When bank robbers Thunder, Tank (Wendell C. Whitaker) and some guy in leather pants and vest show up at the house to attack Annie, the boys and then Uncle David fight them off. The boys later convince David to teach them his style of martial arts, so we get some of the ol’ unorthodox training techniques I enjoy: sitting on their shins, spinning bowling balls, smashing watermelons, punching a phone book attached to a tree until they make a hole all the way through to the bark. Also classics like fighting blindfolded and jogging on the beach.
One original part of the story is when Charlie and Tony decide to go vigilante and attack Tank at home. They lure him out of his messy living room (walls collaged with crooked movie posters including CODE OF SILENCE) by throwing a basketball through his window. When he comes out to yell at them he steps on a nail board booby trap, Charlie trampolines into the window and knocks him down the stairs. The twist is that Tank lives with his mom (Pamela Maxton), who is blind, and tells her they’re his friends, so they end up all sitting together in the living room and Tank cries and agrees to help them catch the other bank robbers.
There’s also a weird scene where they go looking for a guy at a bar run by little people and get beat up.
At the end they all show up at the metal refinery where the gold is hidden and there are various matchups and fights in dirt, on catwalks, etc. There’s a long battle with Thunder, in which Bolo makes his pecs bounce up and down as a threatening gesture.
An enjoyably over-the-top twist happens when Charlie jumps in to protect his uncle and his dad starts fighting him. “How dare you turn against me?” Uncle David reveals that Michael killed Charlie’s mother in ‘Nam and Charlie says “What are you talking about? IT’S IMPOSSIBLE!”
Confronted with the question, his dad says, “I did it. So what!?” like a super villain. So yes, this is the movie where Short Round fights Bolo Yeung and two-time world kickboxing champion Jerry “Golden Boy” Trimble. Trimble gets pretty mega during the fight, saying, “No boy, don’t call me dad. Now, get ready to meet your mother – IN HELL!” And when Charlie has almost defeated him but suddenly looks at him with sympathy, dad kicks him in the nuts.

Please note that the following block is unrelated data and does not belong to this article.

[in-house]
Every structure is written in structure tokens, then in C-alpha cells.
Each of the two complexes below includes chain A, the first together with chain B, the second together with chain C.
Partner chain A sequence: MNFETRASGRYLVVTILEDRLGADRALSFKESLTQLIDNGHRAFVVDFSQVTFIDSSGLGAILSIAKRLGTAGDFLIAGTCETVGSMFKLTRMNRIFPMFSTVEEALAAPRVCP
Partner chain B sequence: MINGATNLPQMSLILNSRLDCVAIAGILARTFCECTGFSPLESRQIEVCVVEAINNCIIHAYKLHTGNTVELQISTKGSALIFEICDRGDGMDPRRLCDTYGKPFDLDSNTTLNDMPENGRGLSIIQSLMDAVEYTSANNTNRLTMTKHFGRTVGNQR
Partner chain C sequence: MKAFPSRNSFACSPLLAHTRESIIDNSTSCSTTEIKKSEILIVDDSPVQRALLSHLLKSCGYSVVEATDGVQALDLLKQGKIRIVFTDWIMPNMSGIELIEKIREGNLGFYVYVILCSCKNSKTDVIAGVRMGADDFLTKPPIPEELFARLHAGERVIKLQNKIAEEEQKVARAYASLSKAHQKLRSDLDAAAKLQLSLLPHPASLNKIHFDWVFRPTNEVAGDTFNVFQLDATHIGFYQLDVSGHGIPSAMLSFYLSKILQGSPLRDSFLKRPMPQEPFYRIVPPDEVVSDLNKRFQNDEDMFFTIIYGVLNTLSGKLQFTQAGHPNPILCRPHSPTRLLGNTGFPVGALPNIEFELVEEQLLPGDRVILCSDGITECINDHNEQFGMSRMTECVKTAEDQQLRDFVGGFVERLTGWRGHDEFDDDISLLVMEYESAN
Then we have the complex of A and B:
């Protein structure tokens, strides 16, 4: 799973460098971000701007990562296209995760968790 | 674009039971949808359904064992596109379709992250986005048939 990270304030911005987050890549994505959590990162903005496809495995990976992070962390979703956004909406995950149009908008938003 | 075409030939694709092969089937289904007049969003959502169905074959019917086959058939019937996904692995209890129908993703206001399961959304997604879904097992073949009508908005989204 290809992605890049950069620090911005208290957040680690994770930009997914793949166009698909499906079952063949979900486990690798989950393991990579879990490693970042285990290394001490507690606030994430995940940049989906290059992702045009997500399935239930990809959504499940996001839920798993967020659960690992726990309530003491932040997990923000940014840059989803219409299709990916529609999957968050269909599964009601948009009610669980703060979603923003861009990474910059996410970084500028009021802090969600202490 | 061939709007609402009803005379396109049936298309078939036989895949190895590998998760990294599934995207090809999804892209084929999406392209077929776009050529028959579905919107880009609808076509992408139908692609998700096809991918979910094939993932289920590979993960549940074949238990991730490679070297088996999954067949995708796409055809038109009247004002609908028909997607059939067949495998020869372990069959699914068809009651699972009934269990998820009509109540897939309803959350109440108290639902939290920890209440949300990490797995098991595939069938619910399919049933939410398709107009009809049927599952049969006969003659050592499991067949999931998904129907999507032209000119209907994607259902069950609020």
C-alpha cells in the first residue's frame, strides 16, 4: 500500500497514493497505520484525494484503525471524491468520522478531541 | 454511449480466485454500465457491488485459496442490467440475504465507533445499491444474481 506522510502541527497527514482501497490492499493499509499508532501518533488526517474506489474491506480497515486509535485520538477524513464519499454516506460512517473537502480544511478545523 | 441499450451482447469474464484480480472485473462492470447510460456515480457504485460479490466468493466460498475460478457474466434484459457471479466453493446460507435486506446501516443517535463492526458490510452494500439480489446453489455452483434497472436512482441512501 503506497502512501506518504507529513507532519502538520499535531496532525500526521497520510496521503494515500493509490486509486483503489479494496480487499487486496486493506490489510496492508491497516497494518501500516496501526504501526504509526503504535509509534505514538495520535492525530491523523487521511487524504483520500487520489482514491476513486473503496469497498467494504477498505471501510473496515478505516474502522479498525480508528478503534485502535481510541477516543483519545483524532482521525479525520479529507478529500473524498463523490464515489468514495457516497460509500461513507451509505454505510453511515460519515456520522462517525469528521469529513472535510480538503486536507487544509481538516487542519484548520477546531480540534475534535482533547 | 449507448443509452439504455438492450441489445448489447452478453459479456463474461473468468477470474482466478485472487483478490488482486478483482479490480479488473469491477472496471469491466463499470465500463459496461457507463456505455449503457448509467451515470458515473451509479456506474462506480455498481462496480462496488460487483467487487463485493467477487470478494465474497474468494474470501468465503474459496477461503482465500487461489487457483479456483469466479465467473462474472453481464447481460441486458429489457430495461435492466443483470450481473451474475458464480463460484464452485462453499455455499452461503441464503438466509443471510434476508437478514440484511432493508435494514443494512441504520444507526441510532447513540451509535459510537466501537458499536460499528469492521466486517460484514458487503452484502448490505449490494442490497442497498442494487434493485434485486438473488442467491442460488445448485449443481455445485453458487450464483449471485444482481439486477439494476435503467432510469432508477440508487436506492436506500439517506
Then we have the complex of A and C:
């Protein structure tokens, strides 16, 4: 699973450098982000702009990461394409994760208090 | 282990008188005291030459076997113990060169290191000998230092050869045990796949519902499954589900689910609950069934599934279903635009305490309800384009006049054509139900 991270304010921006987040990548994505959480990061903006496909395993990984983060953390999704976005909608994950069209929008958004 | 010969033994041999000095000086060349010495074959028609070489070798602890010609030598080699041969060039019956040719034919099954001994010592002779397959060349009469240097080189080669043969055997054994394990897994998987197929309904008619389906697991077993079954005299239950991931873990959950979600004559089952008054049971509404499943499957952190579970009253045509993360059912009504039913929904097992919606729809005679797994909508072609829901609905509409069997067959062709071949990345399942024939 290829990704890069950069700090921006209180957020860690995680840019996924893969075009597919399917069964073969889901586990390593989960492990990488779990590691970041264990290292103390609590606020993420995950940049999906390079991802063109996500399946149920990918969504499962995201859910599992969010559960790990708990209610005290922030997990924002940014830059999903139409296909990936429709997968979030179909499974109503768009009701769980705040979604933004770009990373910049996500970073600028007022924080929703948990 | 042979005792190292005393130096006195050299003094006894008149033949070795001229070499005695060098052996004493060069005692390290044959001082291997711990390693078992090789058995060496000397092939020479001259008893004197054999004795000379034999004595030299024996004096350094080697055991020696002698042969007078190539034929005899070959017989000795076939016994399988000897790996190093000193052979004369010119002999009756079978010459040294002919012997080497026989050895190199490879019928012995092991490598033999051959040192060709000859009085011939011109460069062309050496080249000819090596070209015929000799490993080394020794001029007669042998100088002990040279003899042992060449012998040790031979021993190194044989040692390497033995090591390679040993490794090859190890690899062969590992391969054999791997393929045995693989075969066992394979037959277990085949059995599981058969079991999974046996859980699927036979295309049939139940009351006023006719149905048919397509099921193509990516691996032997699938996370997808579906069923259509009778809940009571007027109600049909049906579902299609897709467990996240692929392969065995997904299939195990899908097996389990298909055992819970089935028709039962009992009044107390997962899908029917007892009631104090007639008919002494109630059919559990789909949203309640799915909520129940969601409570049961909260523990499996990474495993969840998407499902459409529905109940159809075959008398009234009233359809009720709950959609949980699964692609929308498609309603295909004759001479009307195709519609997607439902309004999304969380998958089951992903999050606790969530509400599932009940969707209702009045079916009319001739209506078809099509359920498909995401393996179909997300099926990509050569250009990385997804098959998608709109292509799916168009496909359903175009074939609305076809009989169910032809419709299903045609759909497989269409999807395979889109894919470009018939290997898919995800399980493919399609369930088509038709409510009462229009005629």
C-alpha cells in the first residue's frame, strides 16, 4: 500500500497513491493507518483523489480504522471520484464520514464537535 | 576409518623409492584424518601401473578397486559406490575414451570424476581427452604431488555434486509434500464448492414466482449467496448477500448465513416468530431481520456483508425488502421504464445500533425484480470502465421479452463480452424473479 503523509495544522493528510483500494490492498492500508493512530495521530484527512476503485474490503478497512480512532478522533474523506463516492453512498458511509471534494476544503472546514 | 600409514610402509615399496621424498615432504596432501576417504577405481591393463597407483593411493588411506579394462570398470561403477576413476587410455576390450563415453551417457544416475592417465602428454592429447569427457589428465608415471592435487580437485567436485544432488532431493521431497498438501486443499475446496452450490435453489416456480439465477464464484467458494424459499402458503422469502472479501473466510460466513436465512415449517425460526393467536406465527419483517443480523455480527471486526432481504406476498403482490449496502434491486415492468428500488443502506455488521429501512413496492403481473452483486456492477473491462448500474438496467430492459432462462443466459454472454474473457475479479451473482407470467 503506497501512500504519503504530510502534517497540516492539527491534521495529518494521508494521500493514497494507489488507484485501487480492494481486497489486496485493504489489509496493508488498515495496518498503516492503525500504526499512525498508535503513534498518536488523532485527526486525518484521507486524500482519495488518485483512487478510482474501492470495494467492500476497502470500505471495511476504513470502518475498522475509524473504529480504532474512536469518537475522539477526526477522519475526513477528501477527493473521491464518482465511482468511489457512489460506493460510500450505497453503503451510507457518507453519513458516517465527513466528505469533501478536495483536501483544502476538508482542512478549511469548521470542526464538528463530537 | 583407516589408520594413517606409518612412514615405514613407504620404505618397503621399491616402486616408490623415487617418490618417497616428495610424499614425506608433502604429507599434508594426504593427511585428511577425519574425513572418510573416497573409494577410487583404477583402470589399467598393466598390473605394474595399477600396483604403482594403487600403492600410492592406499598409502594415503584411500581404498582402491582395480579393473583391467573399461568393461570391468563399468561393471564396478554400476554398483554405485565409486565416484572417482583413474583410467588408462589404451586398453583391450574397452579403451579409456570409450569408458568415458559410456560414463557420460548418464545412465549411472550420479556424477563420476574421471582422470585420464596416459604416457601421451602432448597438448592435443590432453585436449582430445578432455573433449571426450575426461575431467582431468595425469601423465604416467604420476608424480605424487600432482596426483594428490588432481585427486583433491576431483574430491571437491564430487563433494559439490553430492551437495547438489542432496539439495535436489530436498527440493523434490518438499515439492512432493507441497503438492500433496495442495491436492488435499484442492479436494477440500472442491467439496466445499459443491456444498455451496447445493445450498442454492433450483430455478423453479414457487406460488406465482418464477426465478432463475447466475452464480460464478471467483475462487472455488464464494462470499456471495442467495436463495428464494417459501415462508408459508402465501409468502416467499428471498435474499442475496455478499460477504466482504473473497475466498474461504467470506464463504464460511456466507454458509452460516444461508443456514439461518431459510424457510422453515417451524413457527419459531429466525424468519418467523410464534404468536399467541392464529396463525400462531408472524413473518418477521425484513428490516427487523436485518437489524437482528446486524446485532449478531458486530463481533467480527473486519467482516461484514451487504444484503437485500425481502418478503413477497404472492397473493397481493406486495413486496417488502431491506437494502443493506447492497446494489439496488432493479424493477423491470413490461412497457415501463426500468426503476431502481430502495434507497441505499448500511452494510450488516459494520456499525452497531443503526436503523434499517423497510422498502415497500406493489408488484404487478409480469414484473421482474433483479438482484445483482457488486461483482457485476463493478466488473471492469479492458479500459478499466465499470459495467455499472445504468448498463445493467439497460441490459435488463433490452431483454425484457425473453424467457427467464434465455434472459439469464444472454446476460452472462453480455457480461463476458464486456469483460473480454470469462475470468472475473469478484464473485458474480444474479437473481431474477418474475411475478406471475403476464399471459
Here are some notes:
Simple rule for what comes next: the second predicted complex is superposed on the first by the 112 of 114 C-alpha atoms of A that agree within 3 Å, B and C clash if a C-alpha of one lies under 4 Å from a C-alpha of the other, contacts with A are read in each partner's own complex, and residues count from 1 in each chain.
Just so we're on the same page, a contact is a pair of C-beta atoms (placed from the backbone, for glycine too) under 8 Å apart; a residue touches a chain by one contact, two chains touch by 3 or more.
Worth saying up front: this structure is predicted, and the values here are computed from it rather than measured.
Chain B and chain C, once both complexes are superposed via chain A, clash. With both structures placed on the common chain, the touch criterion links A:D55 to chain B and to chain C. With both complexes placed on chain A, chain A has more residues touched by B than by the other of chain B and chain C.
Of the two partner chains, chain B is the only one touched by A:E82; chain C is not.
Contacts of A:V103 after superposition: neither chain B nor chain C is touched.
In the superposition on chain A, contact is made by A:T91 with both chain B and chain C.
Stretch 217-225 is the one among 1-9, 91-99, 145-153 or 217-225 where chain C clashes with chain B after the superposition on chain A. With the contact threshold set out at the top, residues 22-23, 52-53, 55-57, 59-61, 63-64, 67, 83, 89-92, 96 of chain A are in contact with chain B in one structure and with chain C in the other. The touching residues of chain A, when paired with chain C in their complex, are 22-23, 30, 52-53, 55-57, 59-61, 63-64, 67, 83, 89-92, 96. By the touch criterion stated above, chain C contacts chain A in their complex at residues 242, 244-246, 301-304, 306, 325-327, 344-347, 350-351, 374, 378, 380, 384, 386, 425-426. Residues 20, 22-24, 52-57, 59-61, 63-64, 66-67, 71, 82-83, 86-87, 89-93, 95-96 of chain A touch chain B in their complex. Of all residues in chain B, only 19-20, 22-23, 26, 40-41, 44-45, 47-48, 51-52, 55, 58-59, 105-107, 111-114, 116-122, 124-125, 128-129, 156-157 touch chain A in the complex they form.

It’s a grueling fight where Charlie gets thrown into lots of metal things, but does a flying multi-kick and Rothrock-style over-the-shoulder kick to the face. Tony shows up just in time to see the police take his dad away and then cries and blames Charlie, suddenly switching to calling him “my dad” instead of “dad.” The fucker. So the finale is about the two brothers facing each other in the tournament. At first Charlie refuses to fight, but he’s threatened with being a disgrace to the martial arts and banned from the competition for two years. It’s a vicious fight and they only make up because Charlie decides not to block a kick to the head, is knocked unconscious, and Tony thinks for a minute that he killed him. When Charlie comes back to he congratulates Tony for winning the tournament… which Tony happily accepts.